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Enlargement of the wrists

MedGen UID:
325479
Concept ID:
C1838663
Finding
HPO: HP:0003020

Term Hierarchy

CClinical test,  RResearch test,  OOMIM,  GGeneReviews,  VClinVar  
  • CROGVEnlargement of the wrists

Conditions with this feature

Vitamin D-dependent rickets, type 1
MedGen UID:
124344
Concept ID:
C0268689
Disease or Syndrome
Vitamin D-dependent rickets is a disorder of bone development that leads to softening and weakening of the bones (rickets). There are several forms of the condition that are distinguished primarily by their genetic causes: type 1A (VDDR1A), type 1B (VDDR1B), and type 2A (VDDR2A). There is also evidence of a very rare form of the condition, called type 2B (VDDR2B), although not much is known about this form.\n\nThe signs and symptoms of vitamin D-dependent rickets begin within months after birth, and most are the same for all types of the condition. The weak bones often cause bone pain and delayed growth and have a tendency to fracture. When affected children begin to walk, they may develop abnormally curved (bowed) legs because the bones are too weak to bear weight. Impaired bone development also results in widening of the areas near the ends of bones where new bone forms (metaphyses), especially in the knees, wrists, and ribs. Some people with vitamin D-dependent rickets have dental abnormalities such as thin tooth enamel and frequent cavities. Poor muscle tone (hypotonia) and muscle weakness are also common in this condition, and some affected individuals develop seizures.\n\nIn vitamin D-dependent rickets, there is an imbalance of certain substances in the blood. An early sign in all types of the condition is low levels of the mineral calcium (hypocalcemia), which is essential for the normal formation of bones and teeth. Affected individuals also develop high levels of a hormone involved in regulating calcium levels called parathyroid hormone (PTH), which leads to a condition called secondary hyperparathyroidism. Low levels of a mineral called phosphate (hypophosphatemia) also occur in affected individuals. Vitamin D-dependent rickets types 1 and 2 can be grouped by blood levels of a hormone called calcitriol, which is the active form of vitamin D; individuals with VDDR1A and VDDR1B have abnormally low levels of calcitriol and individuals with VDDR2A and VDDR2B have abnormally high levels.\n\nHair loss (alopecia) can occur in VDDR2A, although not everyone with this form of the condition has alopecia. Affected individuals can have sparse or patchy hair or no hair at all on their heads. Some affected individuals are missing body hair as well.
Vitamin D-dependent rickets type II with alopecia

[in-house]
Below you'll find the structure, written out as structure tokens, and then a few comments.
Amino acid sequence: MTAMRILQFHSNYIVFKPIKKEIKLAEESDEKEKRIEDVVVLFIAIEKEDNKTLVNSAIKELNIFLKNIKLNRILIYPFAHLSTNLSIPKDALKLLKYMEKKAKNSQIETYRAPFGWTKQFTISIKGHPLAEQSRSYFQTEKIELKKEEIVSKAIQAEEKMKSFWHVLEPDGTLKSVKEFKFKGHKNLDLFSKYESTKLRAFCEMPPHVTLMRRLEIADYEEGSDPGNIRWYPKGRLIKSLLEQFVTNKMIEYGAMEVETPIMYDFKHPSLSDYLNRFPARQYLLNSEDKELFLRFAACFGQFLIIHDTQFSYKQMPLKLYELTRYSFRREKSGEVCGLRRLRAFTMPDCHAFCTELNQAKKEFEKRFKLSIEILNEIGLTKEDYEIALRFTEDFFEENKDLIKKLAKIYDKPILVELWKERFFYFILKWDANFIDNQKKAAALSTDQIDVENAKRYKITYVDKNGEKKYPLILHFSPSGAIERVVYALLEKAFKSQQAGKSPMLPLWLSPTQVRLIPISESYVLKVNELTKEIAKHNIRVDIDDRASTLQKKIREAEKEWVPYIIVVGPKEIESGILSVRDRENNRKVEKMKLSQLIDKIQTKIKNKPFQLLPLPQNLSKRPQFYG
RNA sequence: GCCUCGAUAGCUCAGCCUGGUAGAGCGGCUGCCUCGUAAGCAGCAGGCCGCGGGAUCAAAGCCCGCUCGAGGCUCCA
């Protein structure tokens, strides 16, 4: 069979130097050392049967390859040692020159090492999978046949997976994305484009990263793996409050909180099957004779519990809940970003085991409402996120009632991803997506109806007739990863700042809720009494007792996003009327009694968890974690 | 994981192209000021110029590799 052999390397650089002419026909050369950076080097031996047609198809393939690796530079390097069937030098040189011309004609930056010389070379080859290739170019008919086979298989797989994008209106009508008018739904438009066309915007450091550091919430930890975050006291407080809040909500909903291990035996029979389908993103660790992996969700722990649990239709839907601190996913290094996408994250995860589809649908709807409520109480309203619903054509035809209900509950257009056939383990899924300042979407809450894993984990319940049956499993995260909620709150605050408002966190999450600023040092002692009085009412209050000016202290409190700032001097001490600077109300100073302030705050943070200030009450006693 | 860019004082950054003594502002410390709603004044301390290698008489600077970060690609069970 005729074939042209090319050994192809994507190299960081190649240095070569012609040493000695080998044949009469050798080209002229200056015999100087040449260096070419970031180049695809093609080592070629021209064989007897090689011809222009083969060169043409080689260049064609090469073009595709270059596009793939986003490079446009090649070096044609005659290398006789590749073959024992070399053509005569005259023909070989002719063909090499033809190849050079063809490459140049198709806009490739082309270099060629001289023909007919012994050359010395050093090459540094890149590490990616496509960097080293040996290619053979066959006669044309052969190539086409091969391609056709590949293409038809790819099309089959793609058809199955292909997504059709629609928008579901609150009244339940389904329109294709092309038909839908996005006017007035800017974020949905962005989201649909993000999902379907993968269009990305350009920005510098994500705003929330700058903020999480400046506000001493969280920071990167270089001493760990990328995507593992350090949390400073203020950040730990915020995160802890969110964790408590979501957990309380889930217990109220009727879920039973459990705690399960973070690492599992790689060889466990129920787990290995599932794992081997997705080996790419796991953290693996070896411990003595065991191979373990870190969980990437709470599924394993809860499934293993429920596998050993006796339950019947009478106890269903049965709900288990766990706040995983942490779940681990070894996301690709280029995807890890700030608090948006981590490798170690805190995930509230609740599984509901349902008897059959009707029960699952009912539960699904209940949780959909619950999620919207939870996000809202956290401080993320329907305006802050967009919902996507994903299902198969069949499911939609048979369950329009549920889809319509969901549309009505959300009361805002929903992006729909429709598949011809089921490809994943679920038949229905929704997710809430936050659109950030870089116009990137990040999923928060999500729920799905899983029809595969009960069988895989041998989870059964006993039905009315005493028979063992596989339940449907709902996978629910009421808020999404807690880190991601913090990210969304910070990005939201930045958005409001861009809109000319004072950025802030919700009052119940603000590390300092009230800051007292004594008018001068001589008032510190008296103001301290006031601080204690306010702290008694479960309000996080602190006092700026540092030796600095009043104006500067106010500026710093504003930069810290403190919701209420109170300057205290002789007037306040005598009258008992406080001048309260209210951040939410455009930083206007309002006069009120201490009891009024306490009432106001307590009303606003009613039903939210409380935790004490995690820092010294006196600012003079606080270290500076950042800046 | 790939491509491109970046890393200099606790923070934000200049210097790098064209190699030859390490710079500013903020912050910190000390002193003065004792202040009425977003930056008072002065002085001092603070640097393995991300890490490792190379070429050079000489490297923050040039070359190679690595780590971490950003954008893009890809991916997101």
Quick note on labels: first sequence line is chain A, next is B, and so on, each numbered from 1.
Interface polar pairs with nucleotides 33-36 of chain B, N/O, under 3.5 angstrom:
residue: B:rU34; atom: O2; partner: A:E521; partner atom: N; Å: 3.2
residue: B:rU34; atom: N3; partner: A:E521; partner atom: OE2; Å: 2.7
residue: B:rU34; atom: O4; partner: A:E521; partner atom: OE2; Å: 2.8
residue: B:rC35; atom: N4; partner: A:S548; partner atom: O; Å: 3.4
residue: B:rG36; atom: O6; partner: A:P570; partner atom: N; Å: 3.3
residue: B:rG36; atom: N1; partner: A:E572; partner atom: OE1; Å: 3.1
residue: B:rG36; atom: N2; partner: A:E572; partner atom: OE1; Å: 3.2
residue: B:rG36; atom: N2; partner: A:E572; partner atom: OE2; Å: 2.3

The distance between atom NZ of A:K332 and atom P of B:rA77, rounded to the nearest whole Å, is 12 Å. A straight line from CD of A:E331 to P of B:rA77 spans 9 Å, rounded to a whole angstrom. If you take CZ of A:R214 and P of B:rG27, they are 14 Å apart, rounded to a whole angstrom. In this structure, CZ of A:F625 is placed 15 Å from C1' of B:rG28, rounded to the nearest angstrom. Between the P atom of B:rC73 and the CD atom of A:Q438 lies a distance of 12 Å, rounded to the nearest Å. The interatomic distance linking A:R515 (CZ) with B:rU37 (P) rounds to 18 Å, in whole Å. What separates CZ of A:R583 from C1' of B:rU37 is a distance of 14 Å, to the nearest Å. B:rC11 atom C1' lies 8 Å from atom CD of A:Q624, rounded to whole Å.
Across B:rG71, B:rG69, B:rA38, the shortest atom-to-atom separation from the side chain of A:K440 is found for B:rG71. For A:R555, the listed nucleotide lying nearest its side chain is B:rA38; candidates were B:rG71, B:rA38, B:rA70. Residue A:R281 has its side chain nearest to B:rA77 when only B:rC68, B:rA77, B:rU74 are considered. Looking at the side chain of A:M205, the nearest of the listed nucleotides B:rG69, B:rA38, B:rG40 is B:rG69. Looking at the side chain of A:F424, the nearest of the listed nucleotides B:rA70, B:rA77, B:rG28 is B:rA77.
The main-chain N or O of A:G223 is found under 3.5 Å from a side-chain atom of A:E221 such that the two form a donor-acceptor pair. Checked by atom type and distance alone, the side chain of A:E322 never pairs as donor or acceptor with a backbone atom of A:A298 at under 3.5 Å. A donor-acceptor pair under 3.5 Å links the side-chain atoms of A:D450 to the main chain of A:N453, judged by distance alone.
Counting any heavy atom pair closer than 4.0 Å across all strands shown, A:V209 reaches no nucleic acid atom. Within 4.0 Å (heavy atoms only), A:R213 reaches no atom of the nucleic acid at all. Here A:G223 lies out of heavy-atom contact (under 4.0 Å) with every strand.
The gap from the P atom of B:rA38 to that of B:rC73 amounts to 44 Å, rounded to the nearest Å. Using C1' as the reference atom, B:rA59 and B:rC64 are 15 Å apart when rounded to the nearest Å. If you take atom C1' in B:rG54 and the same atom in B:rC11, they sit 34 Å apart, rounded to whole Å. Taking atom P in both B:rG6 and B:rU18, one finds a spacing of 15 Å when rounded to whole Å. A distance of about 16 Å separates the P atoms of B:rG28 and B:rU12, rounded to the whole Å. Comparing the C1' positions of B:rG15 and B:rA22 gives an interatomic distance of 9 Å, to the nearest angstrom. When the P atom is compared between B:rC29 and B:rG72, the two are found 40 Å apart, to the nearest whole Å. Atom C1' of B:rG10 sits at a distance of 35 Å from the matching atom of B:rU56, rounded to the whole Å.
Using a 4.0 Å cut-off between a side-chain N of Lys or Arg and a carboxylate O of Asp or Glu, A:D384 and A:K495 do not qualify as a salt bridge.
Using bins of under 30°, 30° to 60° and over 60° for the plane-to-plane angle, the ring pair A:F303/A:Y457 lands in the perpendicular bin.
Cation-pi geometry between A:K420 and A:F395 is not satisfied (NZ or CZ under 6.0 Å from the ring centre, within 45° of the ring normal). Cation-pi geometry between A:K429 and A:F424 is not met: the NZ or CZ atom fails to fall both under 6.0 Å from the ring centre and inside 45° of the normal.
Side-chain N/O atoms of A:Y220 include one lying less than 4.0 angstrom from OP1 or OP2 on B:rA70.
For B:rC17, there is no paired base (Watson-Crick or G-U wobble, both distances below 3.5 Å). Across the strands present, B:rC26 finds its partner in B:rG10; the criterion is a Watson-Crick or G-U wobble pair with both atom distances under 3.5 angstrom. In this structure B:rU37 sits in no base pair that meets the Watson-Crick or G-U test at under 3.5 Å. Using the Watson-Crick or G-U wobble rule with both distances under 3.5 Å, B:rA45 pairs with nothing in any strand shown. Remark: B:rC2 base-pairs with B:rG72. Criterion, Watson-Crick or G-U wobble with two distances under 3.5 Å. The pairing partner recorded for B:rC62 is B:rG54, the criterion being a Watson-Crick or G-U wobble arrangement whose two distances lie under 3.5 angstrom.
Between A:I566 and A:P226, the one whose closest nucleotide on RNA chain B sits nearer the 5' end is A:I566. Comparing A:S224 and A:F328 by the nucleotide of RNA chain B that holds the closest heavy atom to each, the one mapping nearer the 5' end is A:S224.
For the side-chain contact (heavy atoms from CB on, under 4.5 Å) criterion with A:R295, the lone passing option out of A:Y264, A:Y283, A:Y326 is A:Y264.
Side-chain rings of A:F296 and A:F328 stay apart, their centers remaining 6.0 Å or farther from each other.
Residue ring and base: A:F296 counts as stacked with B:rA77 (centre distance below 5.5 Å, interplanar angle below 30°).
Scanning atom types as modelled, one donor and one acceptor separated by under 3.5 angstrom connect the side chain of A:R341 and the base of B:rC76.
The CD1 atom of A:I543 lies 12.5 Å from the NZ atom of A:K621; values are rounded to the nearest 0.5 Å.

MedGen UID:
90989
Concept ID:
C0342646
Disease or Syndrome
Vitamin D-dependent rickets type 2A (VDDR2A) is caused by a defect in the vitamin D receptor gene. This defect leads to an increase in the circulating ligand, 1,25-dihydroxyvitamin D3. Most patients have total alopecia in addition to rickets. VDDR2B (600785) is a form of vitamin D-dependent rickets with a phenotype similar to VDDR2A but a normal vitamin D receptor, in which end-organ resistance to vitamin D has been shown to be caused by a nuclear ribonucleoprotein that interferes with the vitamin D receptor-DNA interaction. For a general phenotypic description and a discussion of genetic heterogeneity of rickets due to disorders in vitamin D metabolism or action, see vitamin D-dependent rickets type 1A (VDDR1A; 264700).
Vitamin D hydroxylation-deficient rickets, type 1B
MedGen UID:
374020
Concept ID:
C1838657
Disease or Syndrome
Vitamin D hydroxylation-deficient rickets type 1B (VDDR1B) is caused by a defect in vitamin D 25-hydroxylation (Molin et al., 2017). The major function of vitamin D is to maintain calcium and phosphate levels in the normal range to support metabolic functions, neuromuscular transmission, and bone mineralization. Disorders of vitamin D metabolism or action lead to defective bone mineralization and clinical features including intestinal malabsorption of calcium, hypocalcemia, secondary hyperparathyroidism, increased renal clearance of phosphorus, and hypophosphatemia. The combination of hypocalcemia and hypophosphatemia causes impaired mineralization of bone that results in rickets and osteomalacia (summary by Liberman and Marx, 2001). Rickets can occur because of inadequate dietary intake or sun exposure or because of genetic disorders. Vitamin D3 (cholecalciferol) is taken in the diet or synthesized in the skin from 7-dehydrocholesterol by ultraviolet irradiation. For vitamin D to be active, it needs to be converted to its active form, 1,25-dihydroxyvitamin D3. Vitamin D is transported in the blood by the vitamin D binding protein (DBP; 139200) to the liver, where vitamin D 25-hydroxylase (CYP2R1; 608713) is the key enzyme for 25-hydroxylation. Vitamin D 25(OH)D3, the major circulating form of vitamin D, is then transported to the kidney, where 25(OH)D3 is hydroxylated at the position of carbon 1 of the A ring, resulting in the active form of vitamin D, 1,25-dihydroxyvitamin D3 (1,25(OH)2D3) (summary by Christakos et al., 2010).
Hypophosphatemic rickets, X-linked recessive
MedGen UID:
335115
Concept ID:
C1845168
Disease or Syndrome
X-linked recessive hypophosphatemic rickets (XLHRR) is a form of X-linked hypercalciuric nephrolithiasis, which comprises a group of disorders characterized by proximal renal tubular reabsorptive failure, hypercalciuria, nephrocalcinosis, and renal insufficiency. These disorders have also been referred to as the 'Dent disease complex' (Scheinman, 1998; Gambaro et al., 2004). For a general discussion of Dent disease, see 300009.
Dent disease type 1
MedGen UID:
336322
Concept ID:
C1848336
Disease or Syndrome
Dent disease, an X-linked disorder of proximal renal tubular dysfunction, is characterized by low molecular weight (LMW) proteinuria, hypercalciuria, and at least one additional finding including nephrocalcinosis, nephrolithiasis, hematuria, hypophosphatemia, chronic kidney disease (CKD), and evidence of X-linked inheritance. Males younger than age ten years may manifest only LMW proteinuria and/or hypercalciuria, which are usually asymptomatic. Thirty to 80% of affected males develop end-stage renal disease (ESRD) between ages 30 and 50 years; in some instances ESRD does not develop until the sixth decade of life or later. The disease may also be accompanied by rickets or osteomalacia, growth restriction, and short stature. Disease severity can vary within the same family. Males with Dent disease 2 (caused by pathogenic variants in OCRL) may also have mild intellectual disability, cataracts, and/or elevated muscle enzymes. Due to random X-chromosome inactivation, some female carriers may manifest hypercalciuria and, rarely, renal calculi and moderate LMW proteinuria. Females rarely develop CKD.